A red-breasted nuthatch showed itself at Cascade Pond; barn swallows swarmed around a bridge; lots of prairie dogs stood sentry along the route; and at Two-Jack Lake, I got another lifer, a red-breasted merganser.

I added the feather of a Clark's nutcracker to one of my journal pages.

I added the feather of a Clark’s nutcracker to one of my journal pages.

And the day was just getting started.

At Lake Louise, the next stop of the day, I did a bit of hiking, ate lunch, and marveled at a flock of Clark’s Nutcrackers, another lifer, and one that seemed to be everywhere around the lake. Although not nearly as crowded as the town of Banff, the lake resort, and its Chateau Lake Louis, are also quite popular Canadian attractions.

The turquoise/emerald color of Lake Louise, which pleasantly aroused my sense of sight, is the result of rock flour carried into it by glacier melt. The lake was named after Princess Louise Caroline Alberta, daughter of Queen Victoria and the wife of the marquess of Lorne, who was the governor-general of Canada from 1878 to 1883.

It was a wondrous day and I captured a mere bit of it in my ournal

It was a wondrous day and I captured a mere bit of it in my journal.

But as awesome as Lake Louise was to my sight-seeing day, it was the nearby smaller Lake Moraine that stole my heart. The isolation and serenity of the scene before me stirred a longing in me to visit again n the future — when I could stay awhile. Doing so is still on my bucket list.

My day ended in Jasper, where I found a place to do laundry and ate a steak dinner. It was the last day of July – and Alaska still lay ahead. .

Bean Pat: 20 Minutes a Day http://tinyurl.com/z9vcrwq Comfort food. Len is a dear friend, one who teaches writers, and whose major thesis is that all writers should write for at least 20 minutes a day. I adhere to her philosophy. She and I are in the same Story Circle Network online writing group. SCN is the best writing support I’ve had in my life. It’s helped me find the personal voice I needed to replace the journalism voice I used for 37 years. The circle is for women only. If you’re interested, check it out at: http://www.storycircle.org/frmjoinscn.php (more…)

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The Big Hole River accompanied me on my drive this day...

The Big Hole River accompanied me on my drive this day…

            “It is better to travel well, than to arrive.” Buddha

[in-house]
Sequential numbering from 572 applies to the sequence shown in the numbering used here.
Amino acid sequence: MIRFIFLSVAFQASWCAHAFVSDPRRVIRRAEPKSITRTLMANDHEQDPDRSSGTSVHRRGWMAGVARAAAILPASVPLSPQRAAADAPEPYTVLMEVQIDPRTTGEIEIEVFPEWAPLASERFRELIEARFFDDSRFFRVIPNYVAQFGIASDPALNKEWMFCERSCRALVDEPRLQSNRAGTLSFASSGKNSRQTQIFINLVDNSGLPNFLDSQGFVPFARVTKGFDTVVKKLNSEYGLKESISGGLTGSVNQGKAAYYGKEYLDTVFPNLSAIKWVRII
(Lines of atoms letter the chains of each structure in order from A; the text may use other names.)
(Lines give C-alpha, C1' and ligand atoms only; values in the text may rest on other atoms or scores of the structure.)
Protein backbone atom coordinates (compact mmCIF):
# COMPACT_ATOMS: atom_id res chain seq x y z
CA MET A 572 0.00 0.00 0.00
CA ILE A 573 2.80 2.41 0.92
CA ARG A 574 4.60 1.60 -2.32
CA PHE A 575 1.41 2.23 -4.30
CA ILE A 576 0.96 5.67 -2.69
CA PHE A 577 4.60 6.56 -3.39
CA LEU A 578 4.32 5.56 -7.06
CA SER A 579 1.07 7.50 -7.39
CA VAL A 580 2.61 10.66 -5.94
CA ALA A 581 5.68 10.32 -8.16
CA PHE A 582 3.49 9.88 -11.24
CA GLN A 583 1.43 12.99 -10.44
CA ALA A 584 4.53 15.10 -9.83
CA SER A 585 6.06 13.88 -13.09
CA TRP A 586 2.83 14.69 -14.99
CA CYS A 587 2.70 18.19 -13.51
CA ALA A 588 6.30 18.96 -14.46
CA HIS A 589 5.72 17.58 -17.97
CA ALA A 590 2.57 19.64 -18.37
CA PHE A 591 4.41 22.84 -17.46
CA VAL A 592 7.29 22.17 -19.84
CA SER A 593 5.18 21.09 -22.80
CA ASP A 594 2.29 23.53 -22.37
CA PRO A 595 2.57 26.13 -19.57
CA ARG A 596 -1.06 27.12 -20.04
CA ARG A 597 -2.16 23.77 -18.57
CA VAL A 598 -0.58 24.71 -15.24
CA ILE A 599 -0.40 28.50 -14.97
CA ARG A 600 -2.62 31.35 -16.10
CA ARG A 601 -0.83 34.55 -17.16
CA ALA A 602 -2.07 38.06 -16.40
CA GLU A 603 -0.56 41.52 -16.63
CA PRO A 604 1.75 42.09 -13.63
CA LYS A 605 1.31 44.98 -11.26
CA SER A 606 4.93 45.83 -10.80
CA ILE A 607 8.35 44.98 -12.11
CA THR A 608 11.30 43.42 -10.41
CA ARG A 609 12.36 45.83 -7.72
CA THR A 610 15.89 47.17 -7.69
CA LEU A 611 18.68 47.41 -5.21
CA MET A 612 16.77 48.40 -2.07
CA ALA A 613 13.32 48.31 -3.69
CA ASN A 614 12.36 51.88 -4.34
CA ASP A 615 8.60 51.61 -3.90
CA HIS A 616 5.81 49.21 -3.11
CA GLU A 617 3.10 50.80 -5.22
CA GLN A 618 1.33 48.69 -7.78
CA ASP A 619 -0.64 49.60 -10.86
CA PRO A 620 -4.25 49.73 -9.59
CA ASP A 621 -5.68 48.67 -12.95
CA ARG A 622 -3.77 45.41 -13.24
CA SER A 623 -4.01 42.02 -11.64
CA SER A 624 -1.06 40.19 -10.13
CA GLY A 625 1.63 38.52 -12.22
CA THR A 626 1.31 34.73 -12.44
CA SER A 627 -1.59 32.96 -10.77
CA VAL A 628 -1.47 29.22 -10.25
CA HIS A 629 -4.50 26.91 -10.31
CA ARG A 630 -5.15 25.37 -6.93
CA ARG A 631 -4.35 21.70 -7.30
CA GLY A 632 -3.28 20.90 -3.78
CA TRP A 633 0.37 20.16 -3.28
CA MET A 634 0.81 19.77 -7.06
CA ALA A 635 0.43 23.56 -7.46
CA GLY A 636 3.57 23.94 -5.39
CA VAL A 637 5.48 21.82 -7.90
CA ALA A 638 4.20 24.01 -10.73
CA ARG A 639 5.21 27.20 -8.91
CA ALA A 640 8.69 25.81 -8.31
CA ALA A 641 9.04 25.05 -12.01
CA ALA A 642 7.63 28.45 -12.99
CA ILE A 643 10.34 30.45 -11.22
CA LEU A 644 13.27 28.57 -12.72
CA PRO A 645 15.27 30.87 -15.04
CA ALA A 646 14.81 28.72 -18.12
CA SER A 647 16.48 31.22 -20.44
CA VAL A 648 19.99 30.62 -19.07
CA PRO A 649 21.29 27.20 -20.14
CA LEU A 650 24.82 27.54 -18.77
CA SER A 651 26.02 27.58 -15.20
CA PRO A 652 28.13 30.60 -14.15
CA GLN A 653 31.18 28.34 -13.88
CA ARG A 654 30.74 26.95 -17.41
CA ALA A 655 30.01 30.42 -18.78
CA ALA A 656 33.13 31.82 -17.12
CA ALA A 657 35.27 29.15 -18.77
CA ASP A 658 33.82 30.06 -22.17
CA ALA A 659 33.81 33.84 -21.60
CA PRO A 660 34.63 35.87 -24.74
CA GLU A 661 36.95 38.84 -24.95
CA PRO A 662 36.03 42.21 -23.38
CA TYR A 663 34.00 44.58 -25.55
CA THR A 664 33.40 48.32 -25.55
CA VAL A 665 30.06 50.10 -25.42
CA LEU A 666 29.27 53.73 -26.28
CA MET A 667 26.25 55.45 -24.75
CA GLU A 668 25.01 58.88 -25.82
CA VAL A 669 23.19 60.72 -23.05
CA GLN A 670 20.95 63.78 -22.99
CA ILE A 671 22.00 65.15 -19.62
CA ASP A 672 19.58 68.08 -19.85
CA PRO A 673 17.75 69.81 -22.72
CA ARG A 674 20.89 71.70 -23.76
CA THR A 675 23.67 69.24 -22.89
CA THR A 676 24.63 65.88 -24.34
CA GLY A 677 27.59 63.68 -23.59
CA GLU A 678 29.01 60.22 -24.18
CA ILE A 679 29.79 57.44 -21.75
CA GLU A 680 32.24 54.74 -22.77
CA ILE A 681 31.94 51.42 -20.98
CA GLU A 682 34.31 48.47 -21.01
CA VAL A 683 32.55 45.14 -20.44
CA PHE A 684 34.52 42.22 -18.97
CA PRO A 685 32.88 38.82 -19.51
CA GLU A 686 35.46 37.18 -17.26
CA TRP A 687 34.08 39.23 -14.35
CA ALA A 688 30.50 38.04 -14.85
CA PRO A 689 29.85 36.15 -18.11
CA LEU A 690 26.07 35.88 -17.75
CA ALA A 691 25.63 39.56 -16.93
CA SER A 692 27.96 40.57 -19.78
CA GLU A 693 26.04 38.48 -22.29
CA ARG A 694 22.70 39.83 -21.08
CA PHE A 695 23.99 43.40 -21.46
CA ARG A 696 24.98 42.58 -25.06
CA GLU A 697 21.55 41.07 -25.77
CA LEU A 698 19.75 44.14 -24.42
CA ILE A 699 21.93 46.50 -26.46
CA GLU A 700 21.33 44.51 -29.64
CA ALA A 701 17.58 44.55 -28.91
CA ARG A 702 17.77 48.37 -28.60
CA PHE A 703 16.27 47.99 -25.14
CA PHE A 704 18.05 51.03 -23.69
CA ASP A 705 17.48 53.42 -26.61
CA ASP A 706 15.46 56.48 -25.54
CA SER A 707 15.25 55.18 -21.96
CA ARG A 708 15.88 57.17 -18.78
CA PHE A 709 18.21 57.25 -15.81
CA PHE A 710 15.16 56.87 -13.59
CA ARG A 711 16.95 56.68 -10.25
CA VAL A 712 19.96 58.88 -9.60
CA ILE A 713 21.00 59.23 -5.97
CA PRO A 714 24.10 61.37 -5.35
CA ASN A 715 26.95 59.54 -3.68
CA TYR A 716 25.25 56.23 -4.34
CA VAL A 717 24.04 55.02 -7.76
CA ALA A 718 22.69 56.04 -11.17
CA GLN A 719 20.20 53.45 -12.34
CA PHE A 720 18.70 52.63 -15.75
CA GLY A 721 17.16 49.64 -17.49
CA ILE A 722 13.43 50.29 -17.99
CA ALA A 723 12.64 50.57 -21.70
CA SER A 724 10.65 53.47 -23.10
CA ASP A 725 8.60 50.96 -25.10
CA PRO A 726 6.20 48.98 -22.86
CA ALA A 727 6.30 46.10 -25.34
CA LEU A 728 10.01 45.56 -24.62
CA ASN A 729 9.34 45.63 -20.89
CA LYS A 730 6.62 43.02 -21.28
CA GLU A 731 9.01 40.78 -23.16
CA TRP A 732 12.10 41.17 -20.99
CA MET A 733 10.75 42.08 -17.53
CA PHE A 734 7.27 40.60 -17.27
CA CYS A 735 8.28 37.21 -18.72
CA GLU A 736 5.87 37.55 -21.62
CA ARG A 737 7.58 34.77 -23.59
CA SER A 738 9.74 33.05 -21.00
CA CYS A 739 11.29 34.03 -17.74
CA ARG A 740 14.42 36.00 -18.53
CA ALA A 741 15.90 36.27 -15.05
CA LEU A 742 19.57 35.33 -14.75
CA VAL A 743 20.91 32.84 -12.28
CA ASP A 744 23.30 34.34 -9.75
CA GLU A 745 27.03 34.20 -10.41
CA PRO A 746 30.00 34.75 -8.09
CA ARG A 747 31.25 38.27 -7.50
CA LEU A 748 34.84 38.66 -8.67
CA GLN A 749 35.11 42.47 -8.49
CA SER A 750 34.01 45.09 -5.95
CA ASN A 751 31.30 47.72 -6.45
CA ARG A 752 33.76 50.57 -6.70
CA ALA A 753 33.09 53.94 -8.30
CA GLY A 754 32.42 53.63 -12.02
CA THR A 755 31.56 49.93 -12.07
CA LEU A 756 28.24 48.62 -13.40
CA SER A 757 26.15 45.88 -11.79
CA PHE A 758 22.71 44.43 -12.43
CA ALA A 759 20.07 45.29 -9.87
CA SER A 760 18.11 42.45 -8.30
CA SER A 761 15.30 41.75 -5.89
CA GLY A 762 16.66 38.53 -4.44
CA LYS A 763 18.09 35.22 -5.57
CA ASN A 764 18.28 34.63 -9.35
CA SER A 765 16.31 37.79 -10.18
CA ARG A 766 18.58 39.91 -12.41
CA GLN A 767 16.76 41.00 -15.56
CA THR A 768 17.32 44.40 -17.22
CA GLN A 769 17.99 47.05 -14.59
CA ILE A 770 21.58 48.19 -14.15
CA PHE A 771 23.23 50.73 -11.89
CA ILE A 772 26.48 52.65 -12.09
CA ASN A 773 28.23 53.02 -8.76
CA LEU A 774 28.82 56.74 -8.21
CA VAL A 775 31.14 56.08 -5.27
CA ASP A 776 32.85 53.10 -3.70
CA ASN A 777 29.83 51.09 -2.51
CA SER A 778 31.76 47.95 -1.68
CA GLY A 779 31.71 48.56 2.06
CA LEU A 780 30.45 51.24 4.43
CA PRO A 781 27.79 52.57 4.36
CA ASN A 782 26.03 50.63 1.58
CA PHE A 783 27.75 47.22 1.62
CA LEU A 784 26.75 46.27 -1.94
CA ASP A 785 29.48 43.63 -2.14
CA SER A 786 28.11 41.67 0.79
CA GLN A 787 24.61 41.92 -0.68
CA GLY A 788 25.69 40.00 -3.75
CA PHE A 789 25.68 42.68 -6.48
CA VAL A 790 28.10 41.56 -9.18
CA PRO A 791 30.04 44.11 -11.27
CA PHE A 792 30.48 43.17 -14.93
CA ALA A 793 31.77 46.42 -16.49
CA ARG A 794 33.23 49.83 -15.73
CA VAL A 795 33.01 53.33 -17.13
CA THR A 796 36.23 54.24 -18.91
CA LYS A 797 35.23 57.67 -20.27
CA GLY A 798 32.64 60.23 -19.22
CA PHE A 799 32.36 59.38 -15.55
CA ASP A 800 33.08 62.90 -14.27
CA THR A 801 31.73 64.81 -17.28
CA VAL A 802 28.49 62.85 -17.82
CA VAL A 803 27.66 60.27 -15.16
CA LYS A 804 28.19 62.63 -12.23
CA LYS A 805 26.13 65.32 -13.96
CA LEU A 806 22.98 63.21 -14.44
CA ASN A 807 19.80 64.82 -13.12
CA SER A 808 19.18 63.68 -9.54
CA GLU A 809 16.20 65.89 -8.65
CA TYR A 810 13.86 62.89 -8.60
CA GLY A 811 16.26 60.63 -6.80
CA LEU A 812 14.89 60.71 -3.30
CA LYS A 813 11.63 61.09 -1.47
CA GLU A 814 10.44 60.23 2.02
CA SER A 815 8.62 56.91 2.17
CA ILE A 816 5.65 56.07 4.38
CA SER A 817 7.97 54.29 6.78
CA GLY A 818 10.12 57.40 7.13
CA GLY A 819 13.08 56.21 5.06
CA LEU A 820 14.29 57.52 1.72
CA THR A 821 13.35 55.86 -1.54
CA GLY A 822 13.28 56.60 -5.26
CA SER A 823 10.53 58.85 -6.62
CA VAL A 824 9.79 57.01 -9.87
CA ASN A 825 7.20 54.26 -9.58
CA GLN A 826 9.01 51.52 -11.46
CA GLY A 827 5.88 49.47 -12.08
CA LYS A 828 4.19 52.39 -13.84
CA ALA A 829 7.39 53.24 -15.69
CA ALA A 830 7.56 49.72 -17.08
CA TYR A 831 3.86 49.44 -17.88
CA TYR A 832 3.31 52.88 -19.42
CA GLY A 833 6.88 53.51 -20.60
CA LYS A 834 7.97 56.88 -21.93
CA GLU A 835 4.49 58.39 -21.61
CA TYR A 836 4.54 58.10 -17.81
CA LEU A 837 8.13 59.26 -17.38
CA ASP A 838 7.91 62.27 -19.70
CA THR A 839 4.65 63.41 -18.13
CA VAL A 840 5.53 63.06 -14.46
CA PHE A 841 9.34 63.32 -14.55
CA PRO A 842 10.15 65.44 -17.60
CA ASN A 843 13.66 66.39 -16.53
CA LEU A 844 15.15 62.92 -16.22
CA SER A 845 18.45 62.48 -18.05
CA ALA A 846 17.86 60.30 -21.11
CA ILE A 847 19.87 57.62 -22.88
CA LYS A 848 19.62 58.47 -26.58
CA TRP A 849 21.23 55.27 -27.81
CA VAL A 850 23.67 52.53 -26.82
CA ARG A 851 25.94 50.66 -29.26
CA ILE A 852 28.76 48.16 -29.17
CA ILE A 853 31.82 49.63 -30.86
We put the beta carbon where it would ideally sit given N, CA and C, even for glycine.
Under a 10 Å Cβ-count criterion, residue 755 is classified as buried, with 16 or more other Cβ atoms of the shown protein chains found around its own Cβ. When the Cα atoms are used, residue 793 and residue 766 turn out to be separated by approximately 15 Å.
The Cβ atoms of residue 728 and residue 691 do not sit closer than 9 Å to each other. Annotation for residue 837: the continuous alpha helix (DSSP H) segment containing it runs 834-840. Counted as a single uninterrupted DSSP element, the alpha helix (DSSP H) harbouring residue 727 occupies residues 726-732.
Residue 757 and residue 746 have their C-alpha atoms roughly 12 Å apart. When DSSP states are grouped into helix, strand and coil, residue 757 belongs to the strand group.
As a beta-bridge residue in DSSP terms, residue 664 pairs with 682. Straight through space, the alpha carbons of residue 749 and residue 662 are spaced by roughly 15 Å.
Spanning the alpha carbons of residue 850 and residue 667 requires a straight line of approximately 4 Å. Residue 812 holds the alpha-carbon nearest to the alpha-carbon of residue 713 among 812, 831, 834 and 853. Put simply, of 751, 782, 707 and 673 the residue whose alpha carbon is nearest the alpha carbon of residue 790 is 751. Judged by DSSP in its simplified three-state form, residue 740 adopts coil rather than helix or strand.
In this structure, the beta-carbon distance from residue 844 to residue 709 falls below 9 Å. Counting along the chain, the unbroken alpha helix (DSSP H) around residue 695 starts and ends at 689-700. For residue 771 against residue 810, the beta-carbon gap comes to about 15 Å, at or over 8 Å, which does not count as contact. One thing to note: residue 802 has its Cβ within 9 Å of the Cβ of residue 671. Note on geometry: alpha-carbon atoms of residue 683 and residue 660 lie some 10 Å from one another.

And I stopped at the Nez Perce Battle Ground -- and noted all the signs along the drive that announced "Mushroom Buyer." ... A Page from my journal

And I stopped at the Nez Perce Battle Ground — and noted all the signs along the drive that announced “Mushroom Buyer.” … A Page from my journal

Memories of a Non-Wandering Wanderer

            Today’s drive found me driving beside the Big Hole River, a 153 mile-long Montana waterway that is famed for its fly-fishing opportunities, with trout being the best catch of the day. But humans aren’t the only ones to fish the stream.

A successful catch by this female belted kingfisher. The males don't have the rust-colored belly band. -- Wikimedia photo

A successful catch by this female belted kingfisher. The males don’t have the rust-colored belly band. — Wikimedia photo

I noticed a bird sitting on a limb hanging over the water, and stopped to investigate. My heart leaped into my throat when I identified it as a belted kingfisher, the first of its species for my life bird list. I’ve seen hundreds of these kingfishers since that day, but this one will always be a vivid image in my mind.

It was a good day for birds. In addition to my lifer, I also saw cliff, barn and bank swallows, a peregrine falcon, common mergansers, Brewer’s blackbirds and ospreys with babies.

The birds might have been attracted by all the grasshoppers swarming about. At one point, I drove through a cloud of them , many of which left their bodies embedded on my windshield, and everything else as well. I had to find a car wash in the first available town before I could continue my journey in peace.